For files, your example should be the path to a file that exists on your machine. This path should be either:

  • absolute, or
  • relative to your project directory, or
  • relative to your Laravel storage directory.

If you don't specify an example, Scribe will generate a fake file for example requests and response calls.

* @bodyParam caption string The image caption
* @bodyParam image file required The image.

Validation rules

If you use Laravel's validation functionality to validate your incoming request parameters, Scribe can use that information to extract information about your parameters as well as generate examples.

There are two supported options: using inline validators and form requests. Also, not all rules are supported.

These two approaches are very different:

  • WIth form requests, Scribe will create an instance of the FormRequest class typehinted in your controller method, and execute its rules() method.

    Form requests are not initialized by Scribe in the same way as Laravel would, since there is no real HTTP request when generating. If you encounter strange behaviour, you can try customising the initialization process with the instantiateFormRequestUsing() hook.

  • With inline validators, Scribe will read and parse the validation code in your controller ($request->validate() or Validator::make()).

Since these rules only describe validation logic, Scribe allows you to provide extra information, like a description and example:

  • For form requests, add a bodyParameters()/queryParameters() method where you can add a description and example for each parameter.
  • For inline validators, add a comment above the parameter, specifying a description and example.

If you specify a description, Scribe will prepend your description to what it generates from your validation rules.


If you have rules that Scribe doesn't support, Scribe's generated value might not pass their validation checks. You can get around that by manually specifying an example (bodyParameters() or comment).


public function createPost($request)
$validated = $request->validate([
// Contents of the post
'content' => 'string|required|min:100',
// The title of the post. Example: My First Post
'title' => 'string|required|max:400',
'author_display_name' => 'string',
'author_homepage' => 'url',
'author_timezone' => 'timezone',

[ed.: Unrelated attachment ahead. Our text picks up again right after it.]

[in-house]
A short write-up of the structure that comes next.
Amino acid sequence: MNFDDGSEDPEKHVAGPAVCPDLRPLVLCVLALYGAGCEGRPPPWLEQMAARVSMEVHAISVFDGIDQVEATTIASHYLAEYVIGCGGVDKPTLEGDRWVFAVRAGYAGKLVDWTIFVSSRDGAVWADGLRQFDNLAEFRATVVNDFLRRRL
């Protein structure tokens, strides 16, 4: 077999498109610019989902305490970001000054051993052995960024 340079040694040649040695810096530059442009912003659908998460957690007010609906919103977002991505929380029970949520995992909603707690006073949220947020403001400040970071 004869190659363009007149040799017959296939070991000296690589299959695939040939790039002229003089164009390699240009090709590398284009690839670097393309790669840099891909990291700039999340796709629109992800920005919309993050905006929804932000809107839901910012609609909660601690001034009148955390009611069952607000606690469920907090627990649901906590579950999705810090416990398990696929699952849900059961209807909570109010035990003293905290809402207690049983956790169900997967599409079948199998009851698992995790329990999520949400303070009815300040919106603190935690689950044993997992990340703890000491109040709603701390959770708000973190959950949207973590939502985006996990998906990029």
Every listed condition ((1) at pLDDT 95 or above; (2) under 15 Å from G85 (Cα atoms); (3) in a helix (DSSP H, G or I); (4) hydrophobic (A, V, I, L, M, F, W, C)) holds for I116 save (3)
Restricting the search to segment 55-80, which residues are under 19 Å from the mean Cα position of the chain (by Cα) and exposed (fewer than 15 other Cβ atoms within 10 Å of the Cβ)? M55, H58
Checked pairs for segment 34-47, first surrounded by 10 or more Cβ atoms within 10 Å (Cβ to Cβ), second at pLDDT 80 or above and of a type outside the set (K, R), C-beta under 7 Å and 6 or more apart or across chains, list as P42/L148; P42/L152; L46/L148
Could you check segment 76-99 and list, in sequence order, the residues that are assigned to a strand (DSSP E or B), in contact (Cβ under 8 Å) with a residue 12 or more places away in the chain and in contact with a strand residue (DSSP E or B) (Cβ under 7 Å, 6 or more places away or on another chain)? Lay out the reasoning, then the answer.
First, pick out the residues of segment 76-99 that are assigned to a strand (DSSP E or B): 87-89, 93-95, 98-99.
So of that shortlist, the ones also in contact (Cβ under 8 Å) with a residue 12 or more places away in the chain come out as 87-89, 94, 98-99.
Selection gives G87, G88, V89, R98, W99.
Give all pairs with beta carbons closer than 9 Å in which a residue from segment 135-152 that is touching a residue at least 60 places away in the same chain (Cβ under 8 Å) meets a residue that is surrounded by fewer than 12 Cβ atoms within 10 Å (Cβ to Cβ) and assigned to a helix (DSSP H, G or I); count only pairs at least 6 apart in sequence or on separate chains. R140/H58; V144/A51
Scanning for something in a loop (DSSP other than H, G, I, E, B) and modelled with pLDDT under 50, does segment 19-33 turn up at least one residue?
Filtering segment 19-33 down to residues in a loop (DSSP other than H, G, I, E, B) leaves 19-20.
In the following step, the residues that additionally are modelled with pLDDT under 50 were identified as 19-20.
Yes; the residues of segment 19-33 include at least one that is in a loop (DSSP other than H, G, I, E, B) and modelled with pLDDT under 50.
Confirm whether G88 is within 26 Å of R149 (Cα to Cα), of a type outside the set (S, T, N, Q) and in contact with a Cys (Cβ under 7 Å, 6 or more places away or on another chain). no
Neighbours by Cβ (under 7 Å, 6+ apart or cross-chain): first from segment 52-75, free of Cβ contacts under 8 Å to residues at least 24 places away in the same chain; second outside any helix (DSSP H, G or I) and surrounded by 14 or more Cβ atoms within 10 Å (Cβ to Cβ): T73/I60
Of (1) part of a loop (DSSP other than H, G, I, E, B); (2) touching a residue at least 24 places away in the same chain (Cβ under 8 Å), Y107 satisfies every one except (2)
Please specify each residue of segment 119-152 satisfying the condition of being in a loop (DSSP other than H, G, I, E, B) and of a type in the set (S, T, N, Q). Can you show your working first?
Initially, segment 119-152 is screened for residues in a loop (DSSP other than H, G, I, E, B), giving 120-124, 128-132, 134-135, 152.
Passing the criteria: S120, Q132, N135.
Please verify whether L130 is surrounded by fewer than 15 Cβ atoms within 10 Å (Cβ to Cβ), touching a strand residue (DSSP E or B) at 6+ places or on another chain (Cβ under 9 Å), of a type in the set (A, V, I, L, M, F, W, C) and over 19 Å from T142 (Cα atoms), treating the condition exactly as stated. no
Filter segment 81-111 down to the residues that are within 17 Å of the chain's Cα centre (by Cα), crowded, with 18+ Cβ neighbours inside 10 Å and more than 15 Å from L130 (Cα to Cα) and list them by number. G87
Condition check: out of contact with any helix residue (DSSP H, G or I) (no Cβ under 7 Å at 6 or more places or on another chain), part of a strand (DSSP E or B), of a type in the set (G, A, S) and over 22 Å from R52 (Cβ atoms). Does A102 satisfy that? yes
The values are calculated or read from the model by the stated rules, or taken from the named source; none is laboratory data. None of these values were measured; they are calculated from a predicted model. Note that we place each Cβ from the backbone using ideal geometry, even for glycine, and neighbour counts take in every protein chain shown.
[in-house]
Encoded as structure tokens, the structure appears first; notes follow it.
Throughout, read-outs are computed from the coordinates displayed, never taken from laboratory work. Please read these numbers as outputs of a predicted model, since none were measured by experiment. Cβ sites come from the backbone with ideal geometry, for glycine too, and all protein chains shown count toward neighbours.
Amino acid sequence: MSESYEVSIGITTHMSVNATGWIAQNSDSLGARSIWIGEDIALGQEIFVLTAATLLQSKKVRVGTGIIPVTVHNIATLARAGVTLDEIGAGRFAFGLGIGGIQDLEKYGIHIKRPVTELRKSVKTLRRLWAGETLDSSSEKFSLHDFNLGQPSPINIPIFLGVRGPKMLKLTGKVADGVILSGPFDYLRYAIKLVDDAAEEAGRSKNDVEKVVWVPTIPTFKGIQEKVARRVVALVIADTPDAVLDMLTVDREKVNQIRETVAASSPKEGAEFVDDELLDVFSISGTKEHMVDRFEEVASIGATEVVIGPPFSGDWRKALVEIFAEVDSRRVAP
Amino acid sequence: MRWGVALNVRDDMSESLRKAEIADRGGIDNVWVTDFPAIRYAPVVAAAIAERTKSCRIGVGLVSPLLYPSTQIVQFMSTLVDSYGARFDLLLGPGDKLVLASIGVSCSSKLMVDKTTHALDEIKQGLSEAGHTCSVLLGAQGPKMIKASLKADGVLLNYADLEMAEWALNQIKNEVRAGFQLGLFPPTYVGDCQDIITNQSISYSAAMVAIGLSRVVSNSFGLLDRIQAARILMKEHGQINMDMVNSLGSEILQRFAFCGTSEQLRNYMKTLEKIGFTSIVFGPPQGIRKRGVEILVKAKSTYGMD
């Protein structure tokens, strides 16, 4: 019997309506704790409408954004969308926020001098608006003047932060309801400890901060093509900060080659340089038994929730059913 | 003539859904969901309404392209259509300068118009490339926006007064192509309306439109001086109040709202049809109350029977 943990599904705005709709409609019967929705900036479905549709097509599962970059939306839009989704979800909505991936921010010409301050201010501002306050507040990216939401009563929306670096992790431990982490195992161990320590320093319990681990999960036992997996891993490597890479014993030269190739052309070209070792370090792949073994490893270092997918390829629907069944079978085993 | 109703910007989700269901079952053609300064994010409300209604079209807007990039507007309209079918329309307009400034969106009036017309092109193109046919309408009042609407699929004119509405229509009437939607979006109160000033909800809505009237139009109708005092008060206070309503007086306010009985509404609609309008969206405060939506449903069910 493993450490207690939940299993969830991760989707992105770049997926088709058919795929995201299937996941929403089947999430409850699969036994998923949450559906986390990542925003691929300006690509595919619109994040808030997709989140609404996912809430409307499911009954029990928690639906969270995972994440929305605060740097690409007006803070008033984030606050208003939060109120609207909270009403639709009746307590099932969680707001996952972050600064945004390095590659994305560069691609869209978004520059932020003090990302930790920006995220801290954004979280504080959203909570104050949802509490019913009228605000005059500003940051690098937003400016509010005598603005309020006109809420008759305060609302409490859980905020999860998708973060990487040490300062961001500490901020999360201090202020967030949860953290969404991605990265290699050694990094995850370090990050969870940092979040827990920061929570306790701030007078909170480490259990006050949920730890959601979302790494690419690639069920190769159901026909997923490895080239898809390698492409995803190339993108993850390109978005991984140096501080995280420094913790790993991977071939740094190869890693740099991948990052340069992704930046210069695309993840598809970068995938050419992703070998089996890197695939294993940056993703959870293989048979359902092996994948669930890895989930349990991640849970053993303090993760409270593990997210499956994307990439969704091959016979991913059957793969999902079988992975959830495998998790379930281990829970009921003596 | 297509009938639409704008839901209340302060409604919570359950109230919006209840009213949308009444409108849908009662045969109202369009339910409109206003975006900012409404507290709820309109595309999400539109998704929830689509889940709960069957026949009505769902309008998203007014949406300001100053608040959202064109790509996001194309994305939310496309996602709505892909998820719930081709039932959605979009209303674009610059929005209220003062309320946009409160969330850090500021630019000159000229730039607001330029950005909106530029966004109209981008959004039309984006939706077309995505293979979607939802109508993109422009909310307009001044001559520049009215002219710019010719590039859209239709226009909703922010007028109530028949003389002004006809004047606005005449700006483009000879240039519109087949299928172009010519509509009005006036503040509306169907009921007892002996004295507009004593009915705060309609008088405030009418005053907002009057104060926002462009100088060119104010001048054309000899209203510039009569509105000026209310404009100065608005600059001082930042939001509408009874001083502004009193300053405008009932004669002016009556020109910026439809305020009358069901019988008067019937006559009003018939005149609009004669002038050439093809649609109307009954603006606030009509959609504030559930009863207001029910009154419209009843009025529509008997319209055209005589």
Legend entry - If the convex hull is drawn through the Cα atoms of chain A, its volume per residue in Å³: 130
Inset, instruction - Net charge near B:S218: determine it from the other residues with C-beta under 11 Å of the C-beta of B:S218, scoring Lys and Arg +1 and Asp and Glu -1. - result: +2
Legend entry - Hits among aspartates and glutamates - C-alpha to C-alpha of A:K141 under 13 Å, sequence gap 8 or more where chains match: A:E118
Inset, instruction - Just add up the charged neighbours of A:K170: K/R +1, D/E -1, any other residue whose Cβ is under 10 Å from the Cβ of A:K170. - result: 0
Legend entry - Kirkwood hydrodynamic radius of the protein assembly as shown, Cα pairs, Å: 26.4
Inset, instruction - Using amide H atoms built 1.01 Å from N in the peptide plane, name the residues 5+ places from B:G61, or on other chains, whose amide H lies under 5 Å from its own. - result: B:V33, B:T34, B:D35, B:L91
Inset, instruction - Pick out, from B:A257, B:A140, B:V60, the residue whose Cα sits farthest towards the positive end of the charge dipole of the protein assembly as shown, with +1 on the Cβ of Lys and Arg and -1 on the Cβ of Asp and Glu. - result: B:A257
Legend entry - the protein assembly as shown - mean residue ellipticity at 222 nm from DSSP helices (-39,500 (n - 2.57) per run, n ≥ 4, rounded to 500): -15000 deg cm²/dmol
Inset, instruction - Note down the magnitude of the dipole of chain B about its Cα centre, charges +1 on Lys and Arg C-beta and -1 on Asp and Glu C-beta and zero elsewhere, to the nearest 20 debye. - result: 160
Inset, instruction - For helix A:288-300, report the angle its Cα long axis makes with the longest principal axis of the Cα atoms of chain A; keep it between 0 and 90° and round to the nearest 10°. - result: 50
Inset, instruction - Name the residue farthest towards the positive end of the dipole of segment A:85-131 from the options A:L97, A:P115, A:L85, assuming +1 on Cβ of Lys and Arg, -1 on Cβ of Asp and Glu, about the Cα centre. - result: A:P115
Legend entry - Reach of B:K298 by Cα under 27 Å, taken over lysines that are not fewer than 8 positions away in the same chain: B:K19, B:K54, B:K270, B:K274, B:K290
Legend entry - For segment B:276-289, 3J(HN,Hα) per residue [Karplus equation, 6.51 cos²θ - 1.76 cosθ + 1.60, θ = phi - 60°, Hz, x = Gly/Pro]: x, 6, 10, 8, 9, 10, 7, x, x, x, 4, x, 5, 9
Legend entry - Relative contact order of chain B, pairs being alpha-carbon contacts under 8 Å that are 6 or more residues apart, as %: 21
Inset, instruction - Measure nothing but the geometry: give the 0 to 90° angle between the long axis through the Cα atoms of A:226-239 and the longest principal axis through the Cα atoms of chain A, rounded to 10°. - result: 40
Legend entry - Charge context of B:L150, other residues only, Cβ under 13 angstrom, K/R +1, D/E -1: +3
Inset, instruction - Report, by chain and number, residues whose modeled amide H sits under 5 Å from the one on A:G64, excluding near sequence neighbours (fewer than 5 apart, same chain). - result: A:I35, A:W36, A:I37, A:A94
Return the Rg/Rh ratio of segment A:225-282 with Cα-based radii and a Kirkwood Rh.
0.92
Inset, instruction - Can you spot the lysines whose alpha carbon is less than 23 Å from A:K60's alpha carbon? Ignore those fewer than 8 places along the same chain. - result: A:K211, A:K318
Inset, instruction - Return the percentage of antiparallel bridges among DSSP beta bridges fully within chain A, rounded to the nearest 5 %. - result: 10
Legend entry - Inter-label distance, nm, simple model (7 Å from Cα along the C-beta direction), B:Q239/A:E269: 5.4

'author_email' => 'email|required',
// Date to be used as the publication date.
'publication_date' => 'date_format:Y-m-d',
// Category the post belongs to.
'category' => ['in:news,opinion,quiz', 'required'],
// This will be included in docs but not in examples. No-example
'extra' => 'string',

return Post::create($validated);

All of these lead to:


In inline validators, Scribe currently supports simple string rules and arrays of string rules, as well as custom closure and class rules with certain features (described below). Concatentation, interpolation, and dynamic expressions will be ignored, so it's best to specify rules as an array, so Scribe can ignore the rules it doesn't understand. For example:

$rules = [
// 👍 Supported
'param1' => 'rule1|rule2',
'param2' => ['rule1', 'rule2'],
// 👍 Supported (the third rule will be ignored if doesn't have a static "docs()" method)
'param3' => ['rule1', 'rule2', new SomeRule()],
// ❌ All rules are ignored because of concatenation
'param4' => 'rule1|rule2:'.$someValues,
// 😐 Only rule2 is ignored
'param4' => ['rule1', 'rule2:'.$someValues],

Inline validator parsing is also currently not supported in Closure routes.

Supported validation rules

There are three levels of support for validation rules:

  • Full support: Based on the rule, Scribe can generate a description, type, and valid example for a parameter.
  • Partial support: Scribe can generate a description and type, but the example generated may not pass validation. You can always specify your own examples.
  • No support: Any rule not listed below. Scribe will simply ignore them. If you'd like support, you can raise a PR.

Full support

  • required
  • in
  • string
  • bool/boolean
  • int/integer
  • numeric
  • array
  • file, image
  • alpha, alpha_dash, alpha_num
  • starts_with, ends_with
  • email, url, ip, json, uuid, regex
  • digits, digits_between
  • timezone, date, date_format
  • before, before_or_equal, after, after_or_equal (Full support when the other date is a value, partial support when it's referencing another field)
  • accepted and accepted_if
  • enum

Partial support

  • required_if, required_unless, required_with, required_without, required_with_all, required_without_all
  • not_in
  • same, different

Custom validation rules

If you use laravel's custom class rules you can add a description and a default example for that rule with a docs static method:

use Illuminate\Contracts\Validation\Rule;

class Kilobyte implements Rule
// ...

public static function docs(): array
return [
'description' => 'The data must be a valid Kilobyte representation',
'example' => '52KB', // Only used if no other supported rules are present

For closure rules you can provide a description of what it validates with a comment above it:

'kilobyte' => [
/** The value must be a valid kilobyte representation */
function ($attribute, $value, $fail) {
// ...

Using validation rules for query parameters

By default, validation rules are interpreted as body parameters. If you use yours for query parameters instead, you can tell Scribe this by either:

  • adding the text "Query parameters" anywhere in the form request docblock or in a comment above the inline validator call, or
  • (form requests only) adding a queryParameters() method (instead of bodyParameters()).
public function createPost($request)
// Query parameters
$validated = $request->validate([
// The page number. Example: 1
'page' => 'int',